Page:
Next, make a list of topics for your first several episodes, and you might want to make outlines as well. Then it’s time to start doing your research and preparing for the recording.
Choose a name for your podcast
The name you choose for your podcast should of course link to your content and themes.
Choose a name that catches the eye but is not too narrow, so you don’t limit your potential subject areas down the line.
For instance if you’re doing a true crime podcast and your first season is about a series of unsolved killings in York, NY, in the early 1900s, you might want to go with “Turn of the Century Murder” over “The Mystery Killings of York”.
On the other hand, if you’re planning an interview podcast, your title can be a bit more vague. What’s important is that it grabs people’s attention, like “WTF with Marc Maron” or “Smartless”.
Design a Format
Your format is the length of your episodes and the layout and style in which they are presented.
When determining the length, make sure that you have enough engaging content to fill that amount of time. You don’t want to lose someone’s attention in the middle. There is no ideal length of a podcast, so the length will just be based on what you’re talking about.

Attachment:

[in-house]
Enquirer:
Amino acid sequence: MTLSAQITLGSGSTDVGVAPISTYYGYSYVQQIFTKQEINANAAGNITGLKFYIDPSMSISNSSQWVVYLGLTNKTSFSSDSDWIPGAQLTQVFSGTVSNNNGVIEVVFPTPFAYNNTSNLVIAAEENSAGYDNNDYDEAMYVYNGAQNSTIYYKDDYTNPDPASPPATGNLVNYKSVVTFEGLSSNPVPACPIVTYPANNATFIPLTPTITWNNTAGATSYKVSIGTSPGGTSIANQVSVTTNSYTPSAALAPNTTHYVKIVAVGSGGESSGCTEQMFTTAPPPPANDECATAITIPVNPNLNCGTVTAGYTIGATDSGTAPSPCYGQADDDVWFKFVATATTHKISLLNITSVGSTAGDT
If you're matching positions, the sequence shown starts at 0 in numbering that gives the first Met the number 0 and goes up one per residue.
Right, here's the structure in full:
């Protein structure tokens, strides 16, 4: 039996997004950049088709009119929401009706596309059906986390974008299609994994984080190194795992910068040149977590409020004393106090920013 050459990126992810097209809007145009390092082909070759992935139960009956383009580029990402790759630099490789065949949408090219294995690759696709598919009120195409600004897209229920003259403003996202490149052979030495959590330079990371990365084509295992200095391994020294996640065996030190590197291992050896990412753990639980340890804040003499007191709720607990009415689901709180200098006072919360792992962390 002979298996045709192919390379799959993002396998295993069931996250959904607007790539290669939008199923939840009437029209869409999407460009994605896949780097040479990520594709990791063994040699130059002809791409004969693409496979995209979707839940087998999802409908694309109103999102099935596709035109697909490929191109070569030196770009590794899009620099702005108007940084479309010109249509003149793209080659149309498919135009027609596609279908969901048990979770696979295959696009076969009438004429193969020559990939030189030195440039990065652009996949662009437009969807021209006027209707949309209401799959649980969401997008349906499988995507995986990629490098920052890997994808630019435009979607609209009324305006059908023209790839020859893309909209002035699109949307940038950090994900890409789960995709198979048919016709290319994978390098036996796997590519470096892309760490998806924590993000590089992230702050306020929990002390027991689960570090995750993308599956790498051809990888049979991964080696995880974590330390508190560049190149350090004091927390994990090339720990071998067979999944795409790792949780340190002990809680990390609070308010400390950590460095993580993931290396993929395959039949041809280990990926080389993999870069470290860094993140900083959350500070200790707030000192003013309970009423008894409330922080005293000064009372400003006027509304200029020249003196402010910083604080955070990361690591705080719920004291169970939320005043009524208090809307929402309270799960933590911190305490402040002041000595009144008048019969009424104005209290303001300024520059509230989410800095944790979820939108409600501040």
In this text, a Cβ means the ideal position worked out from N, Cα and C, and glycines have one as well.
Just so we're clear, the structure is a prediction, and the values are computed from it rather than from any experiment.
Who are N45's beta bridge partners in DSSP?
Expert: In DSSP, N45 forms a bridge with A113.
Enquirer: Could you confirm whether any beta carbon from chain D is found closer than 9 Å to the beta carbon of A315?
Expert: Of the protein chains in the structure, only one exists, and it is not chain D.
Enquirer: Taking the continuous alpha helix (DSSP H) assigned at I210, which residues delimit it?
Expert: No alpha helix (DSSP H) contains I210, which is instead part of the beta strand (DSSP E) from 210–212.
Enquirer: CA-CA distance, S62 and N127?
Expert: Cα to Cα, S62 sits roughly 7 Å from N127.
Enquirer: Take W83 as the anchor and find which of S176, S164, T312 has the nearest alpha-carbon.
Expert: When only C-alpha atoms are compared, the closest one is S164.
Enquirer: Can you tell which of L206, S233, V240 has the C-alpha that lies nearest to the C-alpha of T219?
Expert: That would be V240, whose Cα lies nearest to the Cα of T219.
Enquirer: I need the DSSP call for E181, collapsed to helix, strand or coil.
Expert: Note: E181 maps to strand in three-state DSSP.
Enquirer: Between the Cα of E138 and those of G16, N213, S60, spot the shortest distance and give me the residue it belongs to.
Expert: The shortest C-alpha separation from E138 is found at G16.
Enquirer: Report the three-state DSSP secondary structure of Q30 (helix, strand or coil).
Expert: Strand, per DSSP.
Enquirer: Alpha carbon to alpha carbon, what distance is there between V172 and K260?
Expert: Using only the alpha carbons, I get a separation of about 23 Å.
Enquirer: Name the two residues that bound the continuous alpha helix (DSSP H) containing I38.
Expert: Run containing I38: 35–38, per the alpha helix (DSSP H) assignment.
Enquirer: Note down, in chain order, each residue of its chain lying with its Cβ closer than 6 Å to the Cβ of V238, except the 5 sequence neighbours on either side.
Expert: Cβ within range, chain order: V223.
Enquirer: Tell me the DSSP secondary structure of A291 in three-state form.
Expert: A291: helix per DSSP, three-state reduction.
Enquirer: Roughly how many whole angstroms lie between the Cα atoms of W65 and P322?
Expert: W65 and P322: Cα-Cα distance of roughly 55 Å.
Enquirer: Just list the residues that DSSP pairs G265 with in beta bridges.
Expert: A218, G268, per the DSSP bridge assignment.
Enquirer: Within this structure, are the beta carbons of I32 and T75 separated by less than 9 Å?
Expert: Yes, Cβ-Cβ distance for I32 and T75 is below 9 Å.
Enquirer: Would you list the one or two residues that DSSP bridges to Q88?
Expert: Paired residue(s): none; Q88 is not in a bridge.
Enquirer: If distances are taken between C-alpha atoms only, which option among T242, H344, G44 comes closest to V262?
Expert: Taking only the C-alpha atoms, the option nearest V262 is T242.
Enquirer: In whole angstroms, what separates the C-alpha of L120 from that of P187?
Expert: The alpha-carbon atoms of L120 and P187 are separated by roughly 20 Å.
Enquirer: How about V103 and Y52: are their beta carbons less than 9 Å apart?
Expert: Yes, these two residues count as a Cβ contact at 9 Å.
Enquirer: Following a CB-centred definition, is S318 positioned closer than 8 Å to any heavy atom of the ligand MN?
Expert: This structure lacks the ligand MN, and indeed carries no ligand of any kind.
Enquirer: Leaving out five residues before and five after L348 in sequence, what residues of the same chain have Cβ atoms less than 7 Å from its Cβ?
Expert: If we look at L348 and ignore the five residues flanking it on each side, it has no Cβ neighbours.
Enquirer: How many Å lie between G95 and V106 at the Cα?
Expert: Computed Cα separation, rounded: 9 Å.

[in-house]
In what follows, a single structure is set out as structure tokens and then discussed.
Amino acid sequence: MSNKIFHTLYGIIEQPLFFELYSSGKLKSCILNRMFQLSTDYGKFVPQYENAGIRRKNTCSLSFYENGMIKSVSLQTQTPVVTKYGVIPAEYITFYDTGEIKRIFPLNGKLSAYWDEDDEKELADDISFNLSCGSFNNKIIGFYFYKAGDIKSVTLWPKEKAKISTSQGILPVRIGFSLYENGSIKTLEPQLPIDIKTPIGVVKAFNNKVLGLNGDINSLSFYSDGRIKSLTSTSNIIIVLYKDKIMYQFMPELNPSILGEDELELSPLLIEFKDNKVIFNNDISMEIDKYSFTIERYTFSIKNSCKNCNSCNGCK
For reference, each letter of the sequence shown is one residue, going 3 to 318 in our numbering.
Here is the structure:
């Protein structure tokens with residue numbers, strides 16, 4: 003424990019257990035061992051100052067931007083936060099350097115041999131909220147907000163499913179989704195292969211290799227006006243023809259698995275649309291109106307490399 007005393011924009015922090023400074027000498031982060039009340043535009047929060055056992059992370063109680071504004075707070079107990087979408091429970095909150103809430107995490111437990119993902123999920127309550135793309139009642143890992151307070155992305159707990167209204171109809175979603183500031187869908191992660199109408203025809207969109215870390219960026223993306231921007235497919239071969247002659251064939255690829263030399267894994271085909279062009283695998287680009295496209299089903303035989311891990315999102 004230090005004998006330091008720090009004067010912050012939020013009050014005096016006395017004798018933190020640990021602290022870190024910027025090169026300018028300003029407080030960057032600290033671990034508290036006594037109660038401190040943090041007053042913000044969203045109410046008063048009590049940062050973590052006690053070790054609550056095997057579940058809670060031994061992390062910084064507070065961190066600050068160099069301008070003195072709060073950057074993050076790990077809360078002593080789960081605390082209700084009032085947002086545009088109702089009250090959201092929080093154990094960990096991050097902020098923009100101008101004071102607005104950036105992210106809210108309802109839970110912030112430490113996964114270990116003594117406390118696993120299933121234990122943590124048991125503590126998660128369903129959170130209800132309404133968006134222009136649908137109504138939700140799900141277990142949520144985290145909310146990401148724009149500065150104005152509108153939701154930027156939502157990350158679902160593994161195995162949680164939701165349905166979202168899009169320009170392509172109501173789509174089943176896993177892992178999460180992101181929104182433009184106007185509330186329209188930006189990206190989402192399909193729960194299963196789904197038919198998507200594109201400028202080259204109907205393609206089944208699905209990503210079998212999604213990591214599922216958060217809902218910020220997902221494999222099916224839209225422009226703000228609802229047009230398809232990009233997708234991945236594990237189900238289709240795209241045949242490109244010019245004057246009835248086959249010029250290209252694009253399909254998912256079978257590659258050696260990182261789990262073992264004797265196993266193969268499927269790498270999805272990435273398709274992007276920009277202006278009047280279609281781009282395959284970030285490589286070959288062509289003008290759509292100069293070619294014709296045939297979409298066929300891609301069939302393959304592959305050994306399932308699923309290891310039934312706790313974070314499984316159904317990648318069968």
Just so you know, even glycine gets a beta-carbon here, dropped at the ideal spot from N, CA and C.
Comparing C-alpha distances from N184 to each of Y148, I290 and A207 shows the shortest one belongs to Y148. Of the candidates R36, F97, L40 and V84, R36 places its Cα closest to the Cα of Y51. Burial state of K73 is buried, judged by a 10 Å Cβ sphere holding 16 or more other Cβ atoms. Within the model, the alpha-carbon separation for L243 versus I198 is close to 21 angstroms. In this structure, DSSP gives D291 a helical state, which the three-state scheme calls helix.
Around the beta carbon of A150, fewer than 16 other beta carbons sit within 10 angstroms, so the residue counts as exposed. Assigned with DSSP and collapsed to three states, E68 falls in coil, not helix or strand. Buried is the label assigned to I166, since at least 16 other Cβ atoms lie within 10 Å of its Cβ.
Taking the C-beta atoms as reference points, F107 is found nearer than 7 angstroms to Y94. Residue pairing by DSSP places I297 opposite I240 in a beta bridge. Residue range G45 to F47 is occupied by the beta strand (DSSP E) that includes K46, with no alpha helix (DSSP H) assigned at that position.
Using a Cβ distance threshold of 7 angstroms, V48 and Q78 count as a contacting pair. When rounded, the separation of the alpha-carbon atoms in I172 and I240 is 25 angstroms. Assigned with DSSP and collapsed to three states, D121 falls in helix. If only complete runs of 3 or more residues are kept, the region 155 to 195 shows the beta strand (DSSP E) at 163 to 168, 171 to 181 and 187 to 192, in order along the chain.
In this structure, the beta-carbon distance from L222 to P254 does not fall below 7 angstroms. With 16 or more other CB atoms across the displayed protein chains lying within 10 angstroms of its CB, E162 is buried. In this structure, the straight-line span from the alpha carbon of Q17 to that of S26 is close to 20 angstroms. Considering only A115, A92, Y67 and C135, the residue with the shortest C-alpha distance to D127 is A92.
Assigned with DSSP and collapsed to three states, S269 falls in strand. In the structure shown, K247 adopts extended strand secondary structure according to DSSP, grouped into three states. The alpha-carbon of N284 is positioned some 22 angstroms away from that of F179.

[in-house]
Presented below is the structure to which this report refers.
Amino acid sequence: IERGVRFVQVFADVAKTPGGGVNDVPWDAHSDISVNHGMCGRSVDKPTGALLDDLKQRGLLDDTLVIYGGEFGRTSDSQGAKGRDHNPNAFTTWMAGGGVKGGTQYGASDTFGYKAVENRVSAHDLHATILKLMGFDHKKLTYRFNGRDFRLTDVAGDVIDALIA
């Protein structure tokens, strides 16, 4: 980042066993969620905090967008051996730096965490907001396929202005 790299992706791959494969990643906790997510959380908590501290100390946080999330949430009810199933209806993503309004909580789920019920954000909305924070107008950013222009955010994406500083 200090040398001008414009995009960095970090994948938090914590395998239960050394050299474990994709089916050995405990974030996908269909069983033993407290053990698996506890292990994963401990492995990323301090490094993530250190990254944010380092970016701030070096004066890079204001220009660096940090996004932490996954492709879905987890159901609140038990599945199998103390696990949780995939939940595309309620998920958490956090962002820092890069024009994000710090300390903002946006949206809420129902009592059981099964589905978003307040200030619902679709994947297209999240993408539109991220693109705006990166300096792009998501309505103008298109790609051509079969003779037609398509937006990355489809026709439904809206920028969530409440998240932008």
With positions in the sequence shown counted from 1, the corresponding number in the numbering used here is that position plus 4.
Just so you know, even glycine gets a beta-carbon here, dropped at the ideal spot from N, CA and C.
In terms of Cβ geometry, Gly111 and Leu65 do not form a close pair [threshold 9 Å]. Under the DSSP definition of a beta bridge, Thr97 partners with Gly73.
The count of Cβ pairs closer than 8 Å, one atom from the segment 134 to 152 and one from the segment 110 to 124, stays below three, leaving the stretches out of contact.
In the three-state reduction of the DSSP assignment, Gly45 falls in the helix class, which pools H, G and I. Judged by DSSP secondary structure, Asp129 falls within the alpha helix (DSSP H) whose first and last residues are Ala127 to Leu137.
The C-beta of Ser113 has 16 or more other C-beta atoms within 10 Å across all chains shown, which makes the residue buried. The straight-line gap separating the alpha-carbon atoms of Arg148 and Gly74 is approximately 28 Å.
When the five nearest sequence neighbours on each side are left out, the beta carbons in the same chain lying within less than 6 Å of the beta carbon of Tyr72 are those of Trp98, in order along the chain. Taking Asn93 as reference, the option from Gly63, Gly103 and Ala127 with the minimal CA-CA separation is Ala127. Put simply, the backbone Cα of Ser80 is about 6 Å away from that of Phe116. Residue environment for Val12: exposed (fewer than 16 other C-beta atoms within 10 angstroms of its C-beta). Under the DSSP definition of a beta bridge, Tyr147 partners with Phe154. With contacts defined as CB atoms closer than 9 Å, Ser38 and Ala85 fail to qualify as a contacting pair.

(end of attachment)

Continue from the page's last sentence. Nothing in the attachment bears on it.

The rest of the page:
Keep in mind, you could have a podcast that varies considerably in length, from 26 minutes one episode to 53 minutes in the next. That’s fine — as long as the content is strong.
The style of your podcast could be interviews, talking with a co-host, or just you performing or presenting information.
The layout is how the actual podcast is structured. It might look something like this:
Intro music and welcome
Call to action; “follow us on Twitter”
When you get to a certain level of viewers, you’ll also need room for ad space since that’s one of the ways you can make money.
Create Cover Art
Your cover art is what people will see when scrolling through the podcast directory, so it should be engaging. You can find a freelance designer to help you or you could use a design site like Canva.
Choose Your Music
If you want to have intro music, try to use something that will appeal to your target audience. You’ll just want short clips of music so that it doesn’t overshadow your podcast content.
Record Your First Episode
Using the equipment and software you purchased, it’s time to start the show! Here are a few software options:
Most podcast software also will allow you to edit your podcast as well.
Find a podcast host
You’ll need a podcast hosting site for your podcast audio files. Sites like Buzzsprout and others are free for a trial period and then you pay a fee, around $12 to $25 per month. You simply sign up and upload your podcast episodes. Some other podcast hosting platforms include:
Submit your podcast to as many podcast directories as you can, from Stitcher and Spotify to Apple Podcast and Google Podcast and Google Play. Your logo and label will appear on those sites, and hopefully, people will start listening! Share your podcast on all your social media and your website to get the word out.